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Editor’s note: The following piece was written by a member of the Philadelphia Police Department who requested to remain unnamed.

I have been a police officer a long time. I have been in every situation you can imagine. I have seen dead children, dead mothers and dead cops. Indescribable violence and cruelty. Viciousness that gets ignored by the public, swept away and forgotten about because it is easier that way. No one wants to believe that people can be evil.

In some cases, even the police can be evil. Thanks to cell phone and surveillance video, we have seen men shot in the back while running away, beaten with batons while on the ground and kicked in the face while handcuffed. And as a cop, I’ll say it outright: These inexcusable abuses of power need to be dealt with in the harshest possible way. The damage a crooked cop does in Seattle can be felt in Philadelphia. What happens in Ferguson can affect how a neighborhood thinks and reacts in Atlanta. Or worse, it reaffirms what they already thought.

What a police officer does, good or bad, affects everyone.

As I watched Baltimore burn, I thought about what was next for America. The fires were being put out, despite the vandals’ best efforts, and the physical violence was waning. The situation on the ground there will get better. It always does. The police step up their presence, the cameras leave and the interest of the protestors dissipates.

But what continues to fester is the toxic relationship between the police and the inner city neighborhoods they patrol. There is a war going on in the poorest sections of America. It’s time people wake up, learn the reality of the situation and help change it.

Trust and police

When I see the news or read an article, I take it at face value and make my own opinion as I see or hear more information. When someone tells me they did not commit a crime, I only believe them when there is enough proof to prove them right. When a fellow police officer says they observed a drug deal, I believe them.

Why? Blind faith. Blind faith is a dangerous thing. I am inherently skeptical because my experience has told me that I have to be.

Blind faith. I believe what police say happens because they have taken an oath to uphold the law and to have integrity.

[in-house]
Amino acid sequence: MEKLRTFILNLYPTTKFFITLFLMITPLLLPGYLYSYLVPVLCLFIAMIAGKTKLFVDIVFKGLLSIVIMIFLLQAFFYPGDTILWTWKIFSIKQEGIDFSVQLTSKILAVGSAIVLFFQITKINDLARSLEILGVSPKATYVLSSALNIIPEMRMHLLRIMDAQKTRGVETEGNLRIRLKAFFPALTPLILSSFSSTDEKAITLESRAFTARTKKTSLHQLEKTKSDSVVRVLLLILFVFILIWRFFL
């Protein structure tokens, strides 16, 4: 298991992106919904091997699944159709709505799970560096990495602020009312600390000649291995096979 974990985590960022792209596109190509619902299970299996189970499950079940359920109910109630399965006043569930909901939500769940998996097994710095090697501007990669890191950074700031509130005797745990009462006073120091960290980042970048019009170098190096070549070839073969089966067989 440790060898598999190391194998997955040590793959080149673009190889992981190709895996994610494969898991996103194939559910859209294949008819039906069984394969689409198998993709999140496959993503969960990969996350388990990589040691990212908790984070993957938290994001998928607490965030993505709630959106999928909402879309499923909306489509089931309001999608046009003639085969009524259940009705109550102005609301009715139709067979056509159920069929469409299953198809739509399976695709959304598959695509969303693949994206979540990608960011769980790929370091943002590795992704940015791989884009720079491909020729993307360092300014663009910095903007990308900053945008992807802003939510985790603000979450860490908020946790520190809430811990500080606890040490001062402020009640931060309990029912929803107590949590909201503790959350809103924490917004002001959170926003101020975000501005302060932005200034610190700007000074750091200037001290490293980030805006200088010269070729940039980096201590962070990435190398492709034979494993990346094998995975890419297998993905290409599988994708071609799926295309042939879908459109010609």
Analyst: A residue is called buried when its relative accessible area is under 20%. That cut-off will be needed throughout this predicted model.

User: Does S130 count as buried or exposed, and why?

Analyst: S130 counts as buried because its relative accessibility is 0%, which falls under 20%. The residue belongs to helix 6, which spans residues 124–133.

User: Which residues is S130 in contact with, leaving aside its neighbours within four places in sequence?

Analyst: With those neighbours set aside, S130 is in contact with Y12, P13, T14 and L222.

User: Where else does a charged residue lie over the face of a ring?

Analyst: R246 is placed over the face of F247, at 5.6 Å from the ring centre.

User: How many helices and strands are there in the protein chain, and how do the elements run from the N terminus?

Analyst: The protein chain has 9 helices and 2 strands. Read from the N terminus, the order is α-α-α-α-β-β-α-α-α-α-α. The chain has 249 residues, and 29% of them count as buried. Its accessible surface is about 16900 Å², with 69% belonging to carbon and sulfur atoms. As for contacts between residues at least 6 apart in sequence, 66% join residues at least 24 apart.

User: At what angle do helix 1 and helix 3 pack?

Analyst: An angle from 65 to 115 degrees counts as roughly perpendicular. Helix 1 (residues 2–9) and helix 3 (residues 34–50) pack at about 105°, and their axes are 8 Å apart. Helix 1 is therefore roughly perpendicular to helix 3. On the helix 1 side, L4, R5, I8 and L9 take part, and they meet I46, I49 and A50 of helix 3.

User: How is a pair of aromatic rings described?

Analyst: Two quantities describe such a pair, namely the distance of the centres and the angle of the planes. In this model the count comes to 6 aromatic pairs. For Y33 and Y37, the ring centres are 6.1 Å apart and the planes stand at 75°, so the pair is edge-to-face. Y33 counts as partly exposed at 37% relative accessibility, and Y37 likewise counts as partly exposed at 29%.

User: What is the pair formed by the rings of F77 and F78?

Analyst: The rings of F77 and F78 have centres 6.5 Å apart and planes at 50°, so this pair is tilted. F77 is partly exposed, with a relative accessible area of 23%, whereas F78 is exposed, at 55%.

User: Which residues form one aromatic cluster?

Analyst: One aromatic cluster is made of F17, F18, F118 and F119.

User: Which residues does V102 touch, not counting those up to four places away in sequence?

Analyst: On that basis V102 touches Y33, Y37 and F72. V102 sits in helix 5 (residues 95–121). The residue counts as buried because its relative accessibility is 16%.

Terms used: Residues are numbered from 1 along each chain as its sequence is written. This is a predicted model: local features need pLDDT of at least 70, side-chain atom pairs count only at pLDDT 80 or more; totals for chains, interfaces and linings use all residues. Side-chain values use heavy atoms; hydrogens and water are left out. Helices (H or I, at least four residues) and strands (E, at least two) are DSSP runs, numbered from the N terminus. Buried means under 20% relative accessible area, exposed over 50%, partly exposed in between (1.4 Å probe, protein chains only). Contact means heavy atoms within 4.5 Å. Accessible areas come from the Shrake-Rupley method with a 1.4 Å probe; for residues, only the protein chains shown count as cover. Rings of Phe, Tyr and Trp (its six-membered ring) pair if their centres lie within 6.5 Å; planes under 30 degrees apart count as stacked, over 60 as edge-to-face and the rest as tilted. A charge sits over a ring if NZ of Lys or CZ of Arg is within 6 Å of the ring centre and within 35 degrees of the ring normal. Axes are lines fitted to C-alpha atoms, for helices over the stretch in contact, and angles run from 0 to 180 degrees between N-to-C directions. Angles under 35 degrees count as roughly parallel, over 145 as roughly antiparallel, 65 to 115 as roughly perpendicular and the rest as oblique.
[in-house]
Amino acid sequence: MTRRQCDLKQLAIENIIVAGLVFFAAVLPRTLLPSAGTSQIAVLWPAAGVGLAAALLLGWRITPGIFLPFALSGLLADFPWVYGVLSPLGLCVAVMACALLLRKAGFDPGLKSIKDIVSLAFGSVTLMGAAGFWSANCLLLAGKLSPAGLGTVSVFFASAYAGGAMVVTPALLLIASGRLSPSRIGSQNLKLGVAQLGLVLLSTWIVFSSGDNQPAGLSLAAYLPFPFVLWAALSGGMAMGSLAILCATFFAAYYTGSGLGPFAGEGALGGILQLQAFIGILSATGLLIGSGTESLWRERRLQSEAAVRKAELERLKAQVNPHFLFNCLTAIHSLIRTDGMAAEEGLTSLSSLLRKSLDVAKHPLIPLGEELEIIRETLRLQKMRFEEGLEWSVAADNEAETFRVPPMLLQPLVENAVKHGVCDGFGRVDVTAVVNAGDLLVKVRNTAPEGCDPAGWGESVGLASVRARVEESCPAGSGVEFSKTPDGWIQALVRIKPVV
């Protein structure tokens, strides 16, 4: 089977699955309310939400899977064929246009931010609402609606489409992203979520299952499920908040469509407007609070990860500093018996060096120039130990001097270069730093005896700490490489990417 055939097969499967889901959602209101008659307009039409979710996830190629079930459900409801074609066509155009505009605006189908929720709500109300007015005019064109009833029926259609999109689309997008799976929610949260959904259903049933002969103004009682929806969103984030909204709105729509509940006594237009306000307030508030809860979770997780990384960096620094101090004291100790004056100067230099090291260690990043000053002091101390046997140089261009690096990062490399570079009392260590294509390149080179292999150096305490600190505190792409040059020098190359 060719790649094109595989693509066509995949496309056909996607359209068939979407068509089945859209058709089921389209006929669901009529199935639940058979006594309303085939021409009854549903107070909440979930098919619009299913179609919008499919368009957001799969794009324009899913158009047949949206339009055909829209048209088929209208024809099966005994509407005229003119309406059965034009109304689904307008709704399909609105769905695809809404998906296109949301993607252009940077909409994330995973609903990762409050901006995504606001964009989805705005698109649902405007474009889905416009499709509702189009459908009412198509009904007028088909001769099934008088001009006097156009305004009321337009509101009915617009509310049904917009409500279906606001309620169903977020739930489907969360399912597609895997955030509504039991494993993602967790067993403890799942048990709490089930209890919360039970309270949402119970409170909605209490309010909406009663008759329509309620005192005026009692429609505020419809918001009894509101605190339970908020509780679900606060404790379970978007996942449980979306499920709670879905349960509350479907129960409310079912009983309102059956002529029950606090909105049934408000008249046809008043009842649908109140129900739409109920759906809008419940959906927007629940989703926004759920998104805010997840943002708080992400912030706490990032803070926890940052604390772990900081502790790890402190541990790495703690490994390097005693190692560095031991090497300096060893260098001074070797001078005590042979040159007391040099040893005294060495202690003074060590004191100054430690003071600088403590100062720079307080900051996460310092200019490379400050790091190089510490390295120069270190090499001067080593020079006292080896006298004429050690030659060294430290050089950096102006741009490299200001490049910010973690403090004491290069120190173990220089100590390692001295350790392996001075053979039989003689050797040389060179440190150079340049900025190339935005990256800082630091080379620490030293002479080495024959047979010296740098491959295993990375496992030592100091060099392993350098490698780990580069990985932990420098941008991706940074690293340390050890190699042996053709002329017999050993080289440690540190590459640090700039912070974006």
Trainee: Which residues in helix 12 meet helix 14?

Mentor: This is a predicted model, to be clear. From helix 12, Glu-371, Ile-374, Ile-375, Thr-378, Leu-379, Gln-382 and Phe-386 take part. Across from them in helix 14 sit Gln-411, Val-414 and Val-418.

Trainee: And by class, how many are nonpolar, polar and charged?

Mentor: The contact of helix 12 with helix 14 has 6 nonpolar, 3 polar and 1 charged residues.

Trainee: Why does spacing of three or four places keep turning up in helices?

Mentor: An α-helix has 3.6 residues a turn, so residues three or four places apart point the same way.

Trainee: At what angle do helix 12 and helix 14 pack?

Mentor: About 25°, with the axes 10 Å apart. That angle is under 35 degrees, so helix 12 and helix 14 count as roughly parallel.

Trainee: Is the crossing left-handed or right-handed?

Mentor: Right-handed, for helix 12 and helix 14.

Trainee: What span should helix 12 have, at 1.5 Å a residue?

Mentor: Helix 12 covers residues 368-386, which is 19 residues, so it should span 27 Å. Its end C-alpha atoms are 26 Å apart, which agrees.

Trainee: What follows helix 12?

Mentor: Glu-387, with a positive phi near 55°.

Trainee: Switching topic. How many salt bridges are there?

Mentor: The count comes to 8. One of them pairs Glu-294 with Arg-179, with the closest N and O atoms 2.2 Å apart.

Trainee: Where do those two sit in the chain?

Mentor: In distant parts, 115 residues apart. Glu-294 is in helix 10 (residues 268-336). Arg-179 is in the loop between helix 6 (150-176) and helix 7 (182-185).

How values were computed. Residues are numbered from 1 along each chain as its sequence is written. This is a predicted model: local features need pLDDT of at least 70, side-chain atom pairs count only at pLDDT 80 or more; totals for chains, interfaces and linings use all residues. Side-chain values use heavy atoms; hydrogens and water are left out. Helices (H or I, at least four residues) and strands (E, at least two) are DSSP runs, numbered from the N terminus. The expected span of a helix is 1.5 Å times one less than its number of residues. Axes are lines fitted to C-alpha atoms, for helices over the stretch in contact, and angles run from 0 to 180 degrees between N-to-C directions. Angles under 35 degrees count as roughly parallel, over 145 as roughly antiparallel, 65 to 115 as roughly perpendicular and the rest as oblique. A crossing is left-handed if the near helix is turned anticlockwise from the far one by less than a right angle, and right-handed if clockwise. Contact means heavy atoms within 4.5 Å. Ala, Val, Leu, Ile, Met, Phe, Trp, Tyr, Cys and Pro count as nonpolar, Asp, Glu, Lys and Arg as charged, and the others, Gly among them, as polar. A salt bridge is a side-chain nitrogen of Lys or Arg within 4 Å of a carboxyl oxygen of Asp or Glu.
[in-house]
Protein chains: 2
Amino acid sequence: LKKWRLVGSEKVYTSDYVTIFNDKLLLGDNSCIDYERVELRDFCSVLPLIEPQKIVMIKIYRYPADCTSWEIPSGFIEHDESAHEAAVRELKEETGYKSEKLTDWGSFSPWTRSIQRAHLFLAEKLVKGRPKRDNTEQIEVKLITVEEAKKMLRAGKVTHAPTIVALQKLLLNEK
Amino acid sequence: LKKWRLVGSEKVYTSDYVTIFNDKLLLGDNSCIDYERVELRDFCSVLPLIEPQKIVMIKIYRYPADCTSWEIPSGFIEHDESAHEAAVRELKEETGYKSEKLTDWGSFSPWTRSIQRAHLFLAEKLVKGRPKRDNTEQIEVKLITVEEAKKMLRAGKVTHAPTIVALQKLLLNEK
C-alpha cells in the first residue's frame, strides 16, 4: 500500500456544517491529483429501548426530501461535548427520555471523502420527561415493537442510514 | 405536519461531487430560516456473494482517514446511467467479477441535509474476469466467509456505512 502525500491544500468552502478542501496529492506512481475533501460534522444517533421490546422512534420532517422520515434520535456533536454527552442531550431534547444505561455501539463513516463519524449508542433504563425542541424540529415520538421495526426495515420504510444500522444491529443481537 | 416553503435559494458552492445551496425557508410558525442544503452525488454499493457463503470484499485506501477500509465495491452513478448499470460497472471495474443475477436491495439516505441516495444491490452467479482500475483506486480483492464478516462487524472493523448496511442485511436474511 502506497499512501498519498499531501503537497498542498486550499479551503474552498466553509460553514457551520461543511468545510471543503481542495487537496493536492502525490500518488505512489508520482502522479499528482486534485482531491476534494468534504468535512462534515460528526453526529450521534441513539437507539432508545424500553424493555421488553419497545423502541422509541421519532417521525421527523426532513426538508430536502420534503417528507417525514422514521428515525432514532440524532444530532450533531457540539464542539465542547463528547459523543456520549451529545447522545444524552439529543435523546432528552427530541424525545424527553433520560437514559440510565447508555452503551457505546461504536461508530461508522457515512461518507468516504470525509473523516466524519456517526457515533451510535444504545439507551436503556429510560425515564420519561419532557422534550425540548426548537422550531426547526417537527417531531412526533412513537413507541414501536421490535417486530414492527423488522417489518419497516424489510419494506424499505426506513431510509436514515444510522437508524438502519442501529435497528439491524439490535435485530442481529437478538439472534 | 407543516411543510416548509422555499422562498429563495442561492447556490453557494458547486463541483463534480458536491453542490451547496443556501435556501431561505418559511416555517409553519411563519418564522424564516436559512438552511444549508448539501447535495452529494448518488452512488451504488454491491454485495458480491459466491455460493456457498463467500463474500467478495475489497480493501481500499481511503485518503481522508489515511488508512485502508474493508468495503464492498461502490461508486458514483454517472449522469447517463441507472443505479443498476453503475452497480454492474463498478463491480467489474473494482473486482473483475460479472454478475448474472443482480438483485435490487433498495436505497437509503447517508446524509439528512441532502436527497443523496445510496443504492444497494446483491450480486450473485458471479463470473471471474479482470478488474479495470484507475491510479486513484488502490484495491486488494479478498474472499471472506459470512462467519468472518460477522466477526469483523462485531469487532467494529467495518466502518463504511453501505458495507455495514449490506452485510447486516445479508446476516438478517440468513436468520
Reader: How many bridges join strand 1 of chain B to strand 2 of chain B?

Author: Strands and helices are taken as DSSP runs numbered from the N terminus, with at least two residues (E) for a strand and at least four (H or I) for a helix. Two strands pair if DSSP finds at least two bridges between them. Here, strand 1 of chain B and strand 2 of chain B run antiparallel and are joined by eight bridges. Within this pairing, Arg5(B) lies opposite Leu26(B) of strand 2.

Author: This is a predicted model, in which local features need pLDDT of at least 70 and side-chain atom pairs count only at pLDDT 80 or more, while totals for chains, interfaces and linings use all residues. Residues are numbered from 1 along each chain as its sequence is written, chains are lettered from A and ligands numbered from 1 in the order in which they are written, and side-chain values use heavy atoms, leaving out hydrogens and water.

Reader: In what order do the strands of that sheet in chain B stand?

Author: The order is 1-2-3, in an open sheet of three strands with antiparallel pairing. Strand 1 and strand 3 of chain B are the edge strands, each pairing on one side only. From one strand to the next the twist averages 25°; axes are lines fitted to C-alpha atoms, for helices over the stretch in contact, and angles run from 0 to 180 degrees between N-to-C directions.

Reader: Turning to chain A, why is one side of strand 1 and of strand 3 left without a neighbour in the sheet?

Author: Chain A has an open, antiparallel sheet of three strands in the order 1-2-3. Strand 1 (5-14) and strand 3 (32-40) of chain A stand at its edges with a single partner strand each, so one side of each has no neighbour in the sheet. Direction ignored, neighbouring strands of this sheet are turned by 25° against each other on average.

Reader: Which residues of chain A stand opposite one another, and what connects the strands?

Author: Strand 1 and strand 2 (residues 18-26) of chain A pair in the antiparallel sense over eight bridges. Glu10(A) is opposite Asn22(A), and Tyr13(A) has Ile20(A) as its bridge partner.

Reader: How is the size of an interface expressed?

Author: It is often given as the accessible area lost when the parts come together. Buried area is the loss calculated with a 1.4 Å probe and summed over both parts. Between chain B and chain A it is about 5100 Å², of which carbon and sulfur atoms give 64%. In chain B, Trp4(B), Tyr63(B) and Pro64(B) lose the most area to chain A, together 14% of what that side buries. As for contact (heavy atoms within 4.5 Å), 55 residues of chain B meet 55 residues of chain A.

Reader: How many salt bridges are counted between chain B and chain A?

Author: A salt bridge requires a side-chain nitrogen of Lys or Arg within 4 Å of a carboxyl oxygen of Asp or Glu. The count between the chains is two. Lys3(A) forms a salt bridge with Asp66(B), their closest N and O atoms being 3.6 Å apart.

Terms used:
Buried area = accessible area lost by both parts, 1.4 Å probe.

So when I see cops convicted of stealing or confessing to robbing drug dealers, the faith takes a hit. I imagine someone in a neighborhood in Philadelphia (or Baltimore) reading about a cop gone bad, and saying “I told you they were no good.”

It pisses me off. But I do what I have to do to get that trust back. I work harder because
regardless of what I think, this IS what I signed up for.

How to fix this

So when I see these riots on television I think: Where are we going? How do we survive and how do we repair?

The answer for me is communication. More dialogue between cops and communities. Cops and kids. Police brass and cops. It is a group effort. That means people need to feel like they can call the police or reach out to them when they are in need. The adversarial relationship has gone on for too long.

I know we aren’t going to convince everyone. The job of policing is evolving and to win the trust we need to be more transparent. (And yes, I recognize the irony of an anonymous cop recommending transparency. But if I put my name to this piece, the PPD would probably rip my head off, metaphorically speaking.)

Transparency and communication means showing people what the real world is like. If it is too explicit for them, then too bad. If it means cops get fired, then so be it. Right now is as good a time as any. If the cops in Baltimore were wrong, then they should suffer the consequences. If they followed protocol then they need to explain — in detail — why they should be cleared.

Dragging feet won’t help the public and it won’t help the cops. And that’s not just in Baltimore.

Everyone has seen the footage of Toya Graham smacking her son and dragging him away from the protests. She said she didn’t want her kid to end up like Freddie Gray.

Think about exactly what she meant by that comment. She doesn’t care who is right and who is wrong. She isn’t blaming anyone. She loves her son and doesn’t want anyone to hurt him whether it is someone his age or the police.

That is what we as police officers see and have seen for decades here. It is the feeling that the people of North and West Philly and West Baltimore already know. It’s the palpable feeling of despair and hopelessness. Welcome to the real world, where claiming The Wire as your favorite show won’t cut it as your credential as a productive member of a major American city.